I expect everybody has seen the xkcd cartoon I’m quoting in the title. I laughed when I saw it, and yet I love the made up words in Anathem. The word “speelycaptor” makes me happy. Yet Stephenson is breaking all the rules of making up words for science fiction. There’s a rule that says “no smeerps”. A smeerp is white and woolly and grazes on mountains, you can eat the meat and make clothes from the wool… and there’s no reason not to call it a sheep because it is a sheep. (This is different from Brust’s norska, which is exactly like a rabbit except that it eats dragons.) A speelycaptor is a video camera. Stephenson does have a reason for not calling it one, apart from the fact that it’s a videocamera but awesomer, which is to underline the fact that he isn’t talking about our world but a different world that’s like our world two thousand years in the future but awesomer. I already wrote about this.
Generally though, the argument in that cartoon is right—made up words ought to be for new things and concepts, and five per book sounds about right. You need more than that if you include names, but we’re used to remembering names. We may forget which city is the capital of which planet and need to be reminded, but we can keep track of characters pretty well. It’s words for things and concepts that are the problem—if a word is explained the first time it’s used and then just used as a normal word, the reader has to remember it every time. It’s like learning a language, and it had better be worth it.
Sometimes it really is worth it. I don’t believe in the strong Sapir-Whorf hypothesis, the idea that you can only think about things if you have words for them. I don’t believe there’s a concept you can’t convey with a paragraph of English. But it’s much easier to talk about things with a word than an explanation. C.J. Cherryh’s Chanur books introduce the kiffish word “sfik”. Sfik means standing relative to everyone else. Kif are constantly assessing where they are and whether then can advance or retreat. We have words for standing like “authority” and “respect” and “face” (as in “losing face”) but none of them quite mean what sfik means. I used it in conversation the other day, when talking about the difference between usenet and blogs—on usenet everyone started off with the same amount of sfik, and gained or lost it by what they said. On blogs, those who can top post start off with inherently more sfik. Staying with Cherryh, in the atevi books there’s the fascinating term man’chi, which is what the atevi feel instead of love and friendship. This isn’t one we need, but it’s essential for talking about them.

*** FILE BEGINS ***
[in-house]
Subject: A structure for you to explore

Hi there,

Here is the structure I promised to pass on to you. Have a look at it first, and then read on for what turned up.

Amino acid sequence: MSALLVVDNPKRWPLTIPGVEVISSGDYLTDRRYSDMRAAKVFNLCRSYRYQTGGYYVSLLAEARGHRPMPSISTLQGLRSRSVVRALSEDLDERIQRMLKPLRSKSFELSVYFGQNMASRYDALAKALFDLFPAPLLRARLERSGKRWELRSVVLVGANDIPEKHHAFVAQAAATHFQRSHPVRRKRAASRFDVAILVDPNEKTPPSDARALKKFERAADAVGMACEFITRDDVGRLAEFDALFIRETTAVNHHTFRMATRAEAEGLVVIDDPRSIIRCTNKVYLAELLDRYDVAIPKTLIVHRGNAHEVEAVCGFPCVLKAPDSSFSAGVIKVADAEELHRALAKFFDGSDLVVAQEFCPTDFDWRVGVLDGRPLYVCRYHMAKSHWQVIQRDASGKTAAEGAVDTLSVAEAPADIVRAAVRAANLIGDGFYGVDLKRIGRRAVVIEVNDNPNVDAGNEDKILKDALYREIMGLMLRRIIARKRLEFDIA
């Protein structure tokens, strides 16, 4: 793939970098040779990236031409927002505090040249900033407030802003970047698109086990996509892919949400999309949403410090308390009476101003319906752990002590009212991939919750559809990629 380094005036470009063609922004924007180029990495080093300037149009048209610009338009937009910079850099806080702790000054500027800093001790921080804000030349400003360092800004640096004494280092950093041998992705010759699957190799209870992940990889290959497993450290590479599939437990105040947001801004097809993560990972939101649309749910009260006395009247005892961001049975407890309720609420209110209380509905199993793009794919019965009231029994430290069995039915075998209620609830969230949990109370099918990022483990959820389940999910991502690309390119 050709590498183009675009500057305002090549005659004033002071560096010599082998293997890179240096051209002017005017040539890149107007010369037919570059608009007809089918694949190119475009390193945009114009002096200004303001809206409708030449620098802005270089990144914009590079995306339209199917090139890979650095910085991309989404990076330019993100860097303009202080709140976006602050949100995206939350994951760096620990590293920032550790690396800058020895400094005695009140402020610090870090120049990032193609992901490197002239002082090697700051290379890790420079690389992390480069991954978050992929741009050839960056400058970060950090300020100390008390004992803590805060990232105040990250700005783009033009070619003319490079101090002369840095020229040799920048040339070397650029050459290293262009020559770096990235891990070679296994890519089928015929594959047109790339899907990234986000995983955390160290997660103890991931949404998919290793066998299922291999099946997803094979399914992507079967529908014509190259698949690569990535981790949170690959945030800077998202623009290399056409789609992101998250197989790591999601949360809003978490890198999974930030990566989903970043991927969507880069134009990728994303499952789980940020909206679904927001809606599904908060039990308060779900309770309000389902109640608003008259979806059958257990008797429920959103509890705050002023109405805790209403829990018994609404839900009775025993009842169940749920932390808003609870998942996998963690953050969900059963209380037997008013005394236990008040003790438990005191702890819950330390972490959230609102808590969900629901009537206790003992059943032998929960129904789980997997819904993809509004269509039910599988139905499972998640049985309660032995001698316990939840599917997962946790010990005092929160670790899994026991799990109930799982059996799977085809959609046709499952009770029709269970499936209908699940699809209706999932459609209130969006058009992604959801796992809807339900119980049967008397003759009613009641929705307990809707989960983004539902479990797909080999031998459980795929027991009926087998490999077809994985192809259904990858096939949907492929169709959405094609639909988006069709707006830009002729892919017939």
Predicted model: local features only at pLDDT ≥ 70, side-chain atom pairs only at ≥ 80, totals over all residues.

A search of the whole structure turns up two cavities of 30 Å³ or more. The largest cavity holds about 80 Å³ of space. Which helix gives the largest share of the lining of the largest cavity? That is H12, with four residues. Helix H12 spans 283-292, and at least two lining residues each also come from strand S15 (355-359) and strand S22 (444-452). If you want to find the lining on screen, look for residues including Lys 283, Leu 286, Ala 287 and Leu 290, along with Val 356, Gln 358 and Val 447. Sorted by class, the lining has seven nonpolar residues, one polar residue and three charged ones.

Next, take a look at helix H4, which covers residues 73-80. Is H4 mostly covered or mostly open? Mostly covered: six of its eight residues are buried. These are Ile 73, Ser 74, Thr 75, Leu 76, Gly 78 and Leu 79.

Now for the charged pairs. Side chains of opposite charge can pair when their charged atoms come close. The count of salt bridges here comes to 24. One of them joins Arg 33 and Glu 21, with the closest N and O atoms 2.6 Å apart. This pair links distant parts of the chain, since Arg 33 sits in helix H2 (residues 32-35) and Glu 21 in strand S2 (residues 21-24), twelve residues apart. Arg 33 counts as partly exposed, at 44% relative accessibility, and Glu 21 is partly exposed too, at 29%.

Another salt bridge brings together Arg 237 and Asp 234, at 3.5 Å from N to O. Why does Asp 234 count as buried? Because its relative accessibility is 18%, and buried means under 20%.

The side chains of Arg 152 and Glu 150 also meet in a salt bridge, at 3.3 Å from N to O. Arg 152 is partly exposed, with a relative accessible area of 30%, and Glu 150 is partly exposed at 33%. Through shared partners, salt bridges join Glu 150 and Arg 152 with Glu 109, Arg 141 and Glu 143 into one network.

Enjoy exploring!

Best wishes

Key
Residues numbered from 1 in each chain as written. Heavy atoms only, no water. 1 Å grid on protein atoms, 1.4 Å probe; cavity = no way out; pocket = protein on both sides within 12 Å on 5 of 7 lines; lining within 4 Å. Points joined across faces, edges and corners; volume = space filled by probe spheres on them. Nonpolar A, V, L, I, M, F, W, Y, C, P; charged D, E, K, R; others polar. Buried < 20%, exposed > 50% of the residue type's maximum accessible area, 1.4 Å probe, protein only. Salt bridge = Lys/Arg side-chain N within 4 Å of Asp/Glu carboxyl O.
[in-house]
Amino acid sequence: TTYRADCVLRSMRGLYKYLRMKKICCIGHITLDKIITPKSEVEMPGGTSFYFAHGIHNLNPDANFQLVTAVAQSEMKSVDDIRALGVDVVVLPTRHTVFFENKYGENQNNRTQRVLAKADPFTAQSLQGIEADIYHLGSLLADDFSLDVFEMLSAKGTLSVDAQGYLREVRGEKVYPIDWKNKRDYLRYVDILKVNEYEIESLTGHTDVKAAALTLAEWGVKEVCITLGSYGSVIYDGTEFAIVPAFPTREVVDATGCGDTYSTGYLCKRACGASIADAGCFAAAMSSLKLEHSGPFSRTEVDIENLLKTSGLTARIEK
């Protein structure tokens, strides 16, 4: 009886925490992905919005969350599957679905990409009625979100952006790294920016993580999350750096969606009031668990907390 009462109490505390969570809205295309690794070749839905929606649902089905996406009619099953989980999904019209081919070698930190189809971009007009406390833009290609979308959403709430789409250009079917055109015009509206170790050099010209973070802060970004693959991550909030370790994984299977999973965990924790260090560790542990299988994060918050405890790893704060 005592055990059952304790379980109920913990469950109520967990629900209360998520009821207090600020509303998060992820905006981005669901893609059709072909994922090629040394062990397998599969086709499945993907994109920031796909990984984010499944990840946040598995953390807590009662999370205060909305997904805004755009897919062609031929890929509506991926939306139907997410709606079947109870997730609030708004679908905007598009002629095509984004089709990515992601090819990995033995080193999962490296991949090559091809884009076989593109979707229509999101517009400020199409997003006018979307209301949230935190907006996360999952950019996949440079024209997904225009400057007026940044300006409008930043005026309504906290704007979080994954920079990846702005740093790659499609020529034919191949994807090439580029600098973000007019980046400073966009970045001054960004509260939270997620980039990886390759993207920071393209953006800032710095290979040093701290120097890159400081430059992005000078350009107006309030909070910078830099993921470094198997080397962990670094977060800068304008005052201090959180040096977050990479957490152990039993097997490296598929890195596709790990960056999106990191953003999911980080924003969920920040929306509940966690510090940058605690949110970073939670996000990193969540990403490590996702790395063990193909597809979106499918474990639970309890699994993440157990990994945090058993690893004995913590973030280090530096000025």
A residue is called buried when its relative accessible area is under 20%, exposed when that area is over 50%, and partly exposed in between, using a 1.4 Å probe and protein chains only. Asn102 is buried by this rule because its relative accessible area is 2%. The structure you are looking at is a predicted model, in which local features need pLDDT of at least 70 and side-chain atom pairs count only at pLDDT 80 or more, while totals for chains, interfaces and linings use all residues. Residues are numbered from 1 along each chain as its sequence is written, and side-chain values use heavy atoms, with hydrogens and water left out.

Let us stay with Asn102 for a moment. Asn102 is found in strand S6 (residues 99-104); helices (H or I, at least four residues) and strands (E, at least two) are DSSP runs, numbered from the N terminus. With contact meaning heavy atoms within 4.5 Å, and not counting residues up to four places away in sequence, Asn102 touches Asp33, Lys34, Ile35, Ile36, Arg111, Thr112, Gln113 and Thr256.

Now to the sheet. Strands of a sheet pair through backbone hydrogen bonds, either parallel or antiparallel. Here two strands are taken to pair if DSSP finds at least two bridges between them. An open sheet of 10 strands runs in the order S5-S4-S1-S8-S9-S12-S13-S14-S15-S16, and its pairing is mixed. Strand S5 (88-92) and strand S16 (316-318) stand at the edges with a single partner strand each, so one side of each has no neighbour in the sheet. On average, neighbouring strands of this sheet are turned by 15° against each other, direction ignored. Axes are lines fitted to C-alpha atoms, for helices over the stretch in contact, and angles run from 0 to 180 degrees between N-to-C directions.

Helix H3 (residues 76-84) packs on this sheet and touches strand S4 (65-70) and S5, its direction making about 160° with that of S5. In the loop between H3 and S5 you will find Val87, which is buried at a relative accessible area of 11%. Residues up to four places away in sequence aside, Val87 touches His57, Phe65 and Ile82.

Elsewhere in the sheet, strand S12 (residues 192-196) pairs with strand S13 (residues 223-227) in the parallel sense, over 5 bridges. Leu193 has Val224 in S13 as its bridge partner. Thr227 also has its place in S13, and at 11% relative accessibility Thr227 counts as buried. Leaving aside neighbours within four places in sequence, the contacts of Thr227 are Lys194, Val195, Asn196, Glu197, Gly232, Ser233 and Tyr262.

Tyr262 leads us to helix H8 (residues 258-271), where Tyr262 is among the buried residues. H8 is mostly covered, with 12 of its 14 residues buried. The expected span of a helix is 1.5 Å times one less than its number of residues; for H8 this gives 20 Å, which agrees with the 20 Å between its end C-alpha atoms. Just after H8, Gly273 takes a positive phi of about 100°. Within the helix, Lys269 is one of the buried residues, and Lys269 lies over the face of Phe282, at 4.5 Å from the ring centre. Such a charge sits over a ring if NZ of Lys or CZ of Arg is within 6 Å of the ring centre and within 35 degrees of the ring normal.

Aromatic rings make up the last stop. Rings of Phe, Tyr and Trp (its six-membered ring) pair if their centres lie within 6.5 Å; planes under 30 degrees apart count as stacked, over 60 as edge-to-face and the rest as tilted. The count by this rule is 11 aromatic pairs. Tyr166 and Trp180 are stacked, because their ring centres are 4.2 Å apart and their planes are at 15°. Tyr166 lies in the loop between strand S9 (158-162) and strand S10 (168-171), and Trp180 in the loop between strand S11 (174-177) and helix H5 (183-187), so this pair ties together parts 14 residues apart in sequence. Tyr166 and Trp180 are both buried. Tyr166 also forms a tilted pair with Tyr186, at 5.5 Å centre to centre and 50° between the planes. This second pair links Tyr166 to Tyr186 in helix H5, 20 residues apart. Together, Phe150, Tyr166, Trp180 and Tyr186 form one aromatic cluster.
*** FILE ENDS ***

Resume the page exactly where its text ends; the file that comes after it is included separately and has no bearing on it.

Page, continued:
Another useful term I’ve seen people using away from the book is “kalothi” from Donald Kingsbury’s Courtship Rite. (UK title Geta.) Kalothi means evolutionary fitness to survive. The people on the planet Geta worry a lot about that as individuals, because of the harshness of their environment. It’s a useful shorthand term. And Kurt Vonnegut made up some very nice words for the way people connect to each other in Cat’s Cradle. I’ve been using “karass” and “granfalloon” for years, and clearly I’m not the only one.
It’s harder to remember the words that don’t work so well. Some writers have tin ears, and I know there are books I’ve cringed at because of the made up words. There’s Larry Niven’s ineffective fake swear word “Tanj.” It’s hard to imagine somebody really shouting that, and the fact that it stands for There Aint No Justice really doesn’t help. Acroynms aren’t your friend. Similarly there’s Doris Lessing’s SOWF in the Shikasta books, the “spirit of we feeling”. I’m embarrassed even typing it. Now this may be personal. There may be people for whom “Tanj” or “Sowf” is as delightful as “speelycaptor” is for me. People are different. One of the problems with making up words is that any made up word will alienate some readers.
It takes a lot to alienate me—as I said, I tend to actively like the funny words. If I’m reading something and there are nifty new words on the first page, I am pleased. They do have to be evocative and not irritating, but my general reaction to a funny word is a visceral pleasure that we’re not in Kansas any more. My aunt, on the other hand, can’t even read a historical novel with names she doesn’t recognise. “Speelycaptor” would be a big speedbump for her, and I think for a lot of non-genre readers.
Do you like them? Hate them? And how many of them do you think it’s reasonable for a book to contain?
Jo Walton is a science fiction and fantasy writer. She’s published eight novels, most recently Half a Crown and Lifelode, and two poetry collections. She reads a lot, and blogs about it here regularly. She comes from Wales but lives in Montreal where the food and books are more varied.